Tips for Moving Loved Ones into Assisted Living


After all the researching, tours and talking with loved ones you are now ready to help them move into the community you all felt was the best fit.

Now the real challenge and worry can come into place for the new resident.  They have had many first-time nerves like the first day of kindergarten, wedding day, or bringing their first child home from the hospital.  All these first will be no different than the feeling they get when moving into their new home. It can be really tough on your loved one getting to know everyone, not doing or saying something wrong to those new friends, and of course the realization of knowing you are never going back to your old house.

With this in mind we wanted to share a few suggestions to you that will help your loved one handle this new step into a great community, and what all can be done to help with what they may be feeling.

Help your loved one be fashionable.  Showing up in a new outfit or with updated accessories can really help them feel confident and comfortable.  Take them out to a local store and work with them to find the new popular color and combination that really fits them and is currently in style.  These new items or outfit might just spark a great conversation which breaks the ice and gets them talking about all different things.

Another great tip is to help them find a friend that has common interests as they do.  Talking to the community about this can really help and they should be able to guide you in the right direction to match those common interests.  Ask that your loved one be able to sit next to that person or persons who they share interest, hobbies or whatever it may be to get them talking and enjoying their time together.  The more friends they make in a short time will help get them into more activities, which help them meet even more people which adds to them enjoying their new home.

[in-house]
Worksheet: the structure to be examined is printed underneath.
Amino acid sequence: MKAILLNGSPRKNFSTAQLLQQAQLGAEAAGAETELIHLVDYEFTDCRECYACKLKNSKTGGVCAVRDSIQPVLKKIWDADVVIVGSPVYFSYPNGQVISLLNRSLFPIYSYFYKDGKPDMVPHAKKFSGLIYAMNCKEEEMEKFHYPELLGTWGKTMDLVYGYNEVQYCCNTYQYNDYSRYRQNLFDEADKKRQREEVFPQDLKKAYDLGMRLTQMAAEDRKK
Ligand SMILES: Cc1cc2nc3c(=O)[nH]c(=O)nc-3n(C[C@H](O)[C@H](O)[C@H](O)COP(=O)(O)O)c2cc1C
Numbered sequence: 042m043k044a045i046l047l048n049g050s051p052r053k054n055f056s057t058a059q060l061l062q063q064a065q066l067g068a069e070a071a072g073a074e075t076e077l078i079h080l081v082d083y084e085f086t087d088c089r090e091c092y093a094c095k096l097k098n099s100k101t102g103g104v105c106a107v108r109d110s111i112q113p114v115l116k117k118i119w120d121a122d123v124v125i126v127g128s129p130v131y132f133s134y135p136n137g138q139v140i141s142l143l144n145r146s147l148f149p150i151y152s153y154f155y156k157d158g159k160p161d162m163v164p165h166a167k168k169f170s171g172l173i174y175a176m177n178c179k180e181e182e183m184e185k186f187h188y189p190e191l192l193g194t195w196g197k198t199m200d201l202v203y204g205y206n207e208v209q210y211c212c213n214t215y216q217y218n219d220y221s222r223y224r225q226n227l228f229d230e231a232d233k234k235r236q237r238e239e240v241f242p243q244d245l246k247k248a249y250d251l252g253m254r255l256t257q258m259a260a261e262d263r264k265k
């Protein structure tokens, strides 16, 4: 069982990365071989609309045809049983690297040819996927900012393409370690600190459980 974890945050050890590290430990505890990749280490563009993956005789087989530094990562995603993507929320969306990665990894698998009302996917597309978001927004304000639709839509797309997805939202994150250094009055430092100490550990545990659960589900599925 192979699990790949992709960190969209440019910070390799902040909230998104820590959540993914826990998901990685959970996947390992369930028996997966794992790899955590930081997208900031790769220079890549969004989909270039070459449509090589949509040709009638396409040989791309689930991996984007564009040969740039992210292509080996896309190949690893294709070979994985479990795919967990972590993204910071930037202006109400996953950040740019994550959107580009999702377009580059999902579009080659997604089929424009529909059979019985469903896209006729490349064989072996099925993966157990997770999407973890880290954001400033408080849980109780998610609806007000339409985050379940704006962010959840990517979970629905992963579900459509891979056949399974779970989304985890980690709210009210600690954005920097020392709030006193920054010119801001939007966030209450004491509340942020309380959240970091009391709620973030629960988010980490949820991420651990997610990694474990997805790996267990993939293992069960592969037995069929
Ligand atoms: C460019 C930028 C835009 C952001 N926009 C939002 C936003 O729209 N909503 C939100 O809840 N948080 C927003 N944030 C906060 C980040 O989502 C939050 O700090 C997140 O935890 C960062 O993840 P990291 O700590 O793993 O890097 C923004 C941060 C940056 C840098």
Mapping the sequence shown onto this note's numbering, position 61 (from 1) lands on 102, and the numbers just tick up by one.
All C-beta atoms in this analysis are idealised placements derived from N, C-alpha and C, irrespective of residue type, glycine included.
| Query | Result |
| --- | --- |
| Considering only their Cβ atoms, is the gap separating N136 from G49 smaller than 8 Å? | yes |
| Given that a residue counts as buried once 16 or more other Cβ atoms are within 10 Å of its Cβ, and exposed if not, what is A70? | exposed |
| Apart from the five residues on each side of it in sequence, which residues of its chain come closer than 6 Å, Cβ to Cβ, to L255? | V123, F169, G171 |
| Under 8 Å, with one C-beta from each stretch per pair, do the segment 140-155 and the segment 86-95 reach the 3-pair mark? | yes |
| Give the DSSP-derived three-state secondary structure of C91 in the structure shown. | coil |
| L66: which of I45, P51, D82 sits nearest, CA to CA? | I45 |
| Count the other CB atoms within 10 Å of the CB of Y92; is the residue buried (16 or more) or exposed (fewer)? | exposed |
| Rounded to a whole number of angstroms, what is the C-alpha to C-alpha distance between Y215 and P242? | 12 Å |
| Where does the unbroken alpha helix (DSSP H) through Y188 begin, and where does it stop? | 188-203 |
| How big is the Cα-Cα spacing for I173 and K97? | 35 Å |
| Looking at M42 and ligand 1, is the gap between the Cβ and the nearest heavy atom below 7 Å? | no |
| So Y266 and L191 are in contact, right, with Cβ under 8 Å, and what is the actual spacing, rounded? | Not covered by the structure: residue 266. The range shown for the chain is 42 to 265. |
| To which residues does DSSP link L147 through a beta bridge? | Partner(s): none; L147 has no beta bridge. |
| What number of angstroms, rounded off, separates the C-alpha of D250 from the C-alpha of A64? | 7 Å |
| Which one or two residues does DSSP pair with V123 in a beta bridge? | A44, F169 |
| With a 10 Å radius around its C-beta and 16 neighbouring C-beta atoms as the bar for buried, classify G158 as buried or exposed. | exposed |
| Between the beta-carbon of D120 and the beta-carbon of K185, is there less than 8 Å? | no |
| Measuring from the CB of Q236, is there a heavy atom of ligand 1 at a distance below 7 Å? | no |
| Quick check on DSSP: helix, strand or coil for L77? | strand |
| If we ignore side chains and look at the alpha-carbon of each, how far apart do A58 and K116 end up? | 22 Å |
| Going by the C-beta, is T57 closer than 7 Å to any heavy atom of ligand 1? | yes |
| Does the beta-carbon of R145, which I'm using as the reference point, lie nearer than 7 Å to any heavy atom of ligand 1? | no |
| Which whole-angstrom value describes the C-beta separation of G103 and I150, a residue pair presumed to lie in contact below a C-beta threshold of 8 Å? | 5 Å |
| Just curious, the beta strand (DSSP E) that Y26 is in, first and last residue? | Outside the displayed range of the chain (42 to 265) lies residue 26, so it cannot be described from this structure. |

Don’t let them be in a rush to make a snap judgement on their new home or new friends.  It’s not going to be easy for them at first and not everything will be perfect or go the way they want.  As with any new situation you need to get comfortable with how things are done, adapt and let the community get to know them and how they like things done.  Encourage your loved one to try the new things, explain how they like things done and find the happy middle when possible.  Once they have been in the community for a while and gotten to understand how things work, then you can talk more in depth about the situation and if it will work out for them in the long run.

Another great suggestion is to make your loved one’s new home feel like home, and as close to what they are use to as possible.  Don’t just move boxes in and leave, help them unpack and take as many boxes away as possible.  You want their apartment to feel as comfortable as it possibly can be and be comfortable that first night when they go to bed.  Make sure you have the bed pillows and some of the little things in place to help them sleep better and wake up relaxed.  You can also take pictures of their old house and how everything is set up before moving the items, and then set them up the same way as before.  They are use to things in certain places, so don’t shake it up for your liking, but set it up as they have always liked it.

Lastly, the most important thing might just be having the first meal with them in their new home.  By doing this you will add a little bit of comfortability to their stressful situation, and you can get to know a few of the other residents as well.  Definitely ask the community to sit with a few residents and not just go over on your own.  By doing this your loved one will be able to get to know a couple other residents without being thrown in deep to the new community setting.  A lot of communities will provide you with some free meal passes, so take advantage of that and in the first month or two make sure you stop in to visit, have a meal with your loved one and meet their new friends while hearing about the exciting things they have been doing.

Hopefully by doing these tips your loved one will have a successful first few days and months in their new home, and want to stay and make the most of their new house and life!